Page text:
Despite these caveats, self management programmes seem to be useful for managing asthma optimally. According to Powell and Gibson, just providing one—and intensively—seems to be the key, rather than the type of programme. Self management may provide patients with a sense of control over their asthma, reducing dependence on the healthcare professional and system. In particular, the use of a peak flow meter reduces school absenteeism, nocturnal symptoms, healthcare use, and admissions to hospital compared with symptom based strategies in children but not adults. Perhaps children are especially poor at estimating their bronchoconstriction until they learn to associate what they measure with their symptoms. The efficacy of self management programmes on quality of life remains uncertain.

    References

    Peak expiratory flow self management (PFSM) v regular medical review (RMR) or symptoms self monitoring (SSM) at ≥6 months*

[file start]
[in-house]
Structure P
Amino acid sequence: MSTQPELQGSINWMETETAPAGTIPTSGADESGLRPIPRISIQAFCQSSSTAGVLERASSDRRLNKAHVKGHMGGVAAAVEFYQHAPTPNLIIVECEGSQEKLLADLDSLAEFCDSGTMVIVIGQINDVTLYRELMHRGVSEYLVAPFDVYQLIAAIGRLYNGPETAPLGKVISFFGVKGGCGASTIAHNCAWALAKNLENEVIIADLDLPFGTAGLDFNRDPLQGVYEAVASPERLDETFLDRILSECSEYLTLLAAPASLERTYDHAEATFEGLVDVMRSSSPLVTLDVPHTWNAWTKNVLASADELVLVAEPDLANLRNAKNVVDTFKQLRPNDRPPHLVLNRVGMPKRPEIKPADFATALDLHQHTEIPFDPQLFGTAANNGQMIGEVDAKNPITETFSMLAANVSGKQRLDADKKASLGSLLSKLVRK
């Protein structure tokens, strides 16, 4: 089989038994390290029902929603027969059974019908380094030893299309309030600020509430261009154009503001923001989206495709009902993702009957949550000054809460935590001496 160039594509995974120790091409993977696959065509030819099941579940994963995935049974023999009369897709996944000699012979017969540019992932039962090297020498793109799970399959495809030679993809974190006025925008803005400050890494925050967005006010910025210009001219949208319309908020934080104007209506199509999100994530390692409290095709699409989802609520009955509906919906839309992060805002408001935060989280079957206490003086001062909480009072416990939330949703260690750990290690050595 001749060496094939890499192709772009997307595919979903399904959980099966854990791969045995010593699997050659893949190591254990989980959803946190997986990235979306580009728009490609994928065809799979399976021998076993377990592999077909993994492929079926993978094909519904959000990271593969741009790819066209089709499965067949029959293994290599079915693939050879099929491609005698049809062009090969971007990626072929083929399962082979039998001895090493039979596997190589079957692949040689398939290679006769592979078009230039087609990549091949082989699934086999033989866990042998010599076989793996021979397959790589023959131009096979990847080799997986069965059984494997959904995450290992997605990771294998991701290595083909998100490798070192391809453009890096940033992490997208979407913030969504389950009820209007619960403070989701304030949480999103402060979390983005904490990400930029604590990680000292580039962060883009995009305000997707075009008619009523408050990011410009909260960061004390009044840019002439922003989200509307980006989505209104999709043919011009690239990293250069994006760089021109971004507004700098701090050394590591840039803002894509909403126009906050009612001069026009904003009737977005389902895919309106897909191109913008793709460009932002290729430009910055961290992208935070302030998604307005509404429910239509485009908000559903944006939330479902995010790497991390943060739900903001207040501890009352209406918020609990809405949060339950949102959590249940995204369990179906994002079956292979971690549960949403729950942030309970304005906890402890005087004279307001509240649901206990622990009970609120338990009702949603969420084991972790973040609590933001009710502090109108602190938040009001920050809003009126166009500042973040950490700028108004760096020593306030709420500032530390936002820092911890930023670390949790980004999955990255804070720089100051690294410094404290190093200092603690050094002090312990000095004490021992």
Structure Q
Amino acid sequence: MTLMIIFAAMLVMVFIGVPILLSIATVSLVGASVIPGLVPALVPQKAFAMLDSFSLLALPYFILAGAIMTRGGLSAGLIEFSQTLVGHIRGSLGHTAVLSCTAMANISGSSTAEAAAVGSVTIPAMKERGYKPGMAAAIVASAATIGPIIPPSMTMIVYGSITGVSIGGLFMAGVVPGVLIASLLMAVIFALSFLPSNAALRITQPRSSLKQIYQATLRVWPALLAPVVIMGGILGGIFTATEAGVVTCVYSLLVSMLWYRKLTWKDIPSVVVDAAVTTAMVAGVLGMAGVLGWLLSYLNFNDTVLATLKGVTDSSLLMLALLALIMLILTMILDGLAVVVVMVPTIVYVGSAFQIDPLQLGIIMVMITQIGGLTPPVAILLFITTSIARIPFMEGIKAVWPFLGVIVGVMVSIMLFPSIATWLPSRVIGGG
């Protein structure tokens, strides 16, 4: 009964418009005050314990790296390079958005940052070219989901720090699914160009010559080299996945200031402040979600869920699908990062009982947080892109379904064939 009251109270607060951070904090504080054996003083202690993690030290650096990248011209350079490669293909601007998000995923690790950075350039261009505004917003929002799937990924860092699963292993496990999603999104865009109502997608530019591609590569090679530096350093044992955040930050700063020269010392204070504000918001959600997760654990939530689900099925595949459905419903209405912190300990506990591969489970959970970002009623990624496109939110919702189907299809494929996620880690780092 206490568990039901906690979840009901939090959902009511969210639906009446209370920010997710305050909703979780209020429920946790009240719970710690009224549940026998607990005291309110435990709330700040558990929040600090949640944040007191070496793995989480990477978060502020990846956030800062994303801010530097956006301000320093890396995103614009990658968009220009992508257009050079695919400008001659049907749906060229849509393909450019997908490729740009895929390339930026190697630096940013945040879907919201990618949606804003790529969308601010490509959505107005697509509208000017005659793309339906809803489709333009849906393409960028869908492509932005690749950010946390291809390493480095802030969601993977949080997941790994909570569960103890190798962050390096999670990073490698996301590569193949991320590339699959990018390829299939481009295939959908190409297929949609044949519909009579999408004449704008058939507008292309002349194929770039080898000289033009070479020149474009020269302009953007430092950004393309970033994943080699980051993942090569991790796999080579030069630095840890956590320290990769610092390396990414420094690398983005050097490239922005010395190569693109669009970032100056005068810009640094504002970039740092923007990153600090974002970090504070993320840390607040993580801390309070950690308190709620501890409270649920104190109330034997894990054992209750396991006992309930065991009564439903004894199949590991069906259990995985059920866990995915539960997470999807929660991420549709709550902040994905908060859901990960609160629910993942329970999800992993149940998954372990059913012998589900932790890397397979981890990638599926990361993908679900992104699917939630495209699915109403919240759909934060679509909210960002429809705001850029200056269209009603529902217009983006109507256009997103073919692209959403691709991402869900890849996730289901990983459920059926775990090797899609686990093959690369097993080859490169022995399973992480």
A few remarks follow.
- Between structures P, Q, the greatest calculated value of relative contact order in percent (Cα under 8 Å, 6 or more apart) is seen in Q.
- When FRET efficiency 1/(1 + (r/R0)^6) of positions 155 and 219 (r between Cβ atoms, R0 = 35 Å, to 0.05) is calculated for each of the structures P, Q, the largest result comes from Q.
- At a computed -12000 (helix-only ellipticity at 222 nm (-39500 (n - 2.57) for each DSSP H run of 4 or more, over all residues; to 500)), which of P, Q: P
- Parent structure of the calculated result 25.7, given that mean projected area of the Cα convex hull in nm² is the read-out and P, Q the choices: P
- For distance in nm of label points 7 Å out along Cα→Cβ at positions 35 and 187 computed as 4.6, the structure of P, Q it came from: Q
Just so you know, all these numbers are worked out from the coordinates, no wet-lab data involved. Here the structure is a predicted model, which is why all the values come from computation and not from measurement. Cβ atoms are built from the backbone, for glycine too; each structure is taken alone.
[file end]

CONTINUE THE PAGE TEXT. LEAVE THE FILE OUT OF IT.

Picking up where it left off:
QUESTIONS: In adult asthmatic patients using inhaled corticosteroids: (i) is regular medical review (RMR) equivalent to written self management plans for optimising asthma control? (ii) are written self management plans based on peak expiratory flow self management (PFSM) equivalent to those based on symptom self monitoring (SSM)?

    View Abstract

    Footnotes

    • Source of funding: Cooperative Research Centre for Asthma Australia.

    • For correspondence: Dr P Gibson, John Hunter Hospital, NSW, Australia.mdpgg{at}mail.newcastle.edu.au

    • A modified version of this abstract appears in Evidence Based Nursing.